It's difficult to think of the High Line without thinking of Joel Sternfeld's photographs of it in different seasons at the turn of this century. You can't see them without wanting to be there - and be there alone.
When Daryl Hannah decorates Charlie Sheen's apartment in Oliver Stone's 1987 movie Wall Street, she whips up a quintessential postmodernist pastiche. The faux-ruined walls and clashing colours personify the aspirations of the nouveaux riches, a shallow world of image and artifice.
Last week, as it does every April, the design world descended on Milan for the furniture fair, accompanied by thousands of journalists and an army of PRs. As the designers and other VIPs moved from champagne reception to champagne reception in chauffeur-driven cars, you could have been forgiven for thinking that they do very well for themselves, thank you.
Flicking through the latest issue of Port, a new "thinking man's" magazine, I came across a photograph of a kind that is increasingly ubiquitous. In an article about two young design practices, there's a picture of a box containing a hammer, some leather-working tools and other bits and bobs of workshop flotsam.
Shenzhen is probably the biggest city you’ve never heard of. Thirty years ago it didn’t exist. Today it has a population estimated at 13 million – nearly two Londons. Nowhere else has ever achieved the pace of this urban up-rush. But the merciless tempo of Chinese urbanisation is old news.
In the awful 1980s comedy Volunteers, Tom Hanks spends an entire flight to Southeast Asia trying to smooth-talk his way into the pants of the pretty lady in the neighbouring seat. When she finally catches on she gets indignant that he even thinks he has a chance. Hanks, who fancies himself something of a master in the art of bedding, replies hurt, “Well I’ve put the hours in, don’t you think?”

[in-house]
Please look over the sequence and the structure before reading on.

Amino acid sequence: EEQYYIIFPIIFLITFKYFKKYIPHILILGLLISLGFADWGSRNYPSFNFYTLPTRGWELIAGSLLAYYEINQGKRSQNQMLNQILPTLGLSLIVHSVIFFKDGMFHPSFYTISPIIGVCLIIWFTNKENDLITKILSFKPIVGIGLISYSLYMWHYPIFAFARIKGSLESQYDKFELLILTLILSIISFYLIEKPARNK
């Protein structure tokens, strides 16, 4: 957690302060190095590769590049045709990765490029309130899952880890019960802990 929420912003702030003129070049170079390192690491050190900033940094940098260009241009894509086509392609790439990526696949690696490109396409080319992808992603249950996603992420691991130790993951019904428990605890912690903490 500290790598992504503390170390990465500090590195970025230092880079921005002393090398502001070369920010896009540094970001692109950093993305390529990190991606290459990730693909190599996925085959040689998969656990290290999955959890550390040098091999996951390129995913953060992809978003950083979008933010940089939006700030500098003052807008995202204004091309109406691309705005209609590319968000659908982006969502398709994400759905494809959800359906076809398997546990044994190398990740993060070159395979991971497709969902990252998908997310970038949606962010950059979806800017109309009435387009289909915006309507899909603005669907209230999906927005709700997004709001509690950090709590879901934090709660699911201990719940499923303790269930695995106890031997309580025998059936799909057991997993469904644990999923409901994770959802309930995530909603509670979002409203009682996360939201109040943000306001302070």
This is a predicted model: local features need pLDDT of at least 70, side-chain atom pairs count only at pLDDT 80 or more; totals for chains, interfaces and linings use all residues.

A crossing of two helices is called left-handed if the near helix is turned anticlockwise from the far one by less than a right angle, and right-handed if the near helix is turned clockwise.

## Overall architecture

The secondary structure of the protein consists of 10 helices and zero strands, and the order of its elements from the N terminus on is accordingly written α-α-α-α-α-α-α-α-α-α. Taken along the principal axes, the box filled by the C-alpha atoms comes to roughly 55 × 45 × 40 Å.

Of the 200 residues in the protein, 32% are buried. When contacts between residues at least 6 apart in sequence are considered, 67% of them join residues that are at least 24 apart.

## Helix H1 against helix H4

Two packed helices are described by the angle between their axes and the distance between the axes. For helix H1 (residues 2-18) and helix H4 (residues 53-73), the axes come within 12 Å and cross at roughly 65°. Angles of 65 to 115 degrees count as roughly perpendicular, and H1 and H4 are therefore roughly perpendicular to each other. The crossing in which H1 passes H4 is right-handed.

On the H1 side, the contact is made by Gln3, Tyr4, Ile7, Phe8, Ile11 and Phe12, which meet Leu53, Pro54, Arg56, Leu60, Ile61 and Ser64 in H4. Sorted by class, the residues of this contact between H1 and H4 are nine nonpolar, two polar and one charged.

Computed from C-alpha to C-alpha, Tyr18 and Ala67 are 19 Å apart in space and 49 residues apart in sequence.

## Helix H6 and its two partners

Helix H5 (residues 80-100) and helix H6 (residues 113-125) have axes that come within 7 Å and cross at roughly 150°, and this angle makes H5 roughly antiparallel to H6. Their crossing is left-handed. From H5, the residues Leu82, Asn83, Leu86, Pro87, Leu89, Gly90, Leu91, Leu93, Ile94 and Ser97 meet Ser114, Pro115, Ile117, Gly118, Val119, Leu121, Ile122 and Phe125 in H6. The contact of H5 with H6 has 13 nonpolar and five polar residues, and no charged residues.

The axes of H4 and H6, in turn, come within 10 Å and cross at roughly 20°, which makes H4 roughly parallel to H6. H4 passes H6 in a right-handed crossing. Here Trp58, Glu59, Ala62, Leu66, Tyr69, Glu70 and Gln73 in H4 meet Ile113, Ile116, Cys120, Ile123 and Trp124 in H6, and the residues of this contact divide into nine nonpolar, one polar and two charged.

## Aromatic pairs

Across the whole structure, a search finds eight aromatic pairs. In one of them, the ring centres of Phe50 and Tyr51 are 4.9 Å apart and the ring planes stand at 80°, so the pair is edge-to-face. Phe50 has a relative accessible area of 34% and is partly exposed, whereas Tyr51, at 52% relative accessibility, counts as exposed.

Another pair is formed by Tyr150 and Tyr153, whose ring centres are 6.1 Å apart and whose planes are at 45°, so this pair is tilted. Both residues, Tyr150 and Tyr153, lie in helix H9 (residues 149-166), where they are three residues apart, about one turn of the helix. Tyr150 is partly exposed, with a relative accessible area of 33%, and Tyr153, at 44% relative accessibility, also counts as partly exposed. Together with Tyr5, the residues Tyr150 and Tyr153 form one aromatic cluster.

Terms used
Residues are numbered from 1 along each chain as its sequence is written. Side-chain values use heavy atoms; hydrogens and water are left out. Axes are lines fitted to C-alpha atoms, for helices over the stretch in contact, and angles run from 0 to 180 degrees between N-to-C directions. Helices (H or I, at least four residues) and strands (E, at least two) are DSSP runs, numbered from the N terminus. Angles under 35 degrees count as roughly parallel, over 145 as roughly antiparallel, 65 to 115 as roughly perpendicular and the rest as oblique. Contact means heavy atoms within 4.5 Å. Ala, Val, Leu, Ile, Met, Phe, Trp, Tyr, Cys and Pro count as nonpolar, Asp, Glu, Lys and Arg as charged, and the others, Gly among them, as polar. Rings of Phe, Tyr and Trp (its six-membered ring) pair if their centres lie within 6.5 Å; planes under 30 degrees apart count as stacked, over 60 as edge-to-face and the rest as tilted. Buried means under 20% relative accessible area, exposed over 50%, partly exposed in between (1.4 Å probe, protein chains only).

I was born to test razors. My stubble has the kind of potential that would make a mullah weep with envy. In testing the new Philips Arcitec, I’m not the crash test dummy, I’m the wall. So will this be a case of the unstoppable force meeting the immovable object?
The first time I saw the VitraHaus it was made of gingerbread. Carefully stacked and finished with beaded icing, it looked delicious on Vitra’s 2009 Christmas card. It was clear even from this confection that the building was meant to serve as a new emblem of the venerable Swiss furniture manufacturer.
Istanbul may be 3,000 years old but it's newer than Los Angeles. Less than three percent of it dates from before 1950. This 100km megalopolis is home to nearly 15 million people, and that population is doubling every decade, giving Europe its only prospect of the supercities of the Far East or Latin America.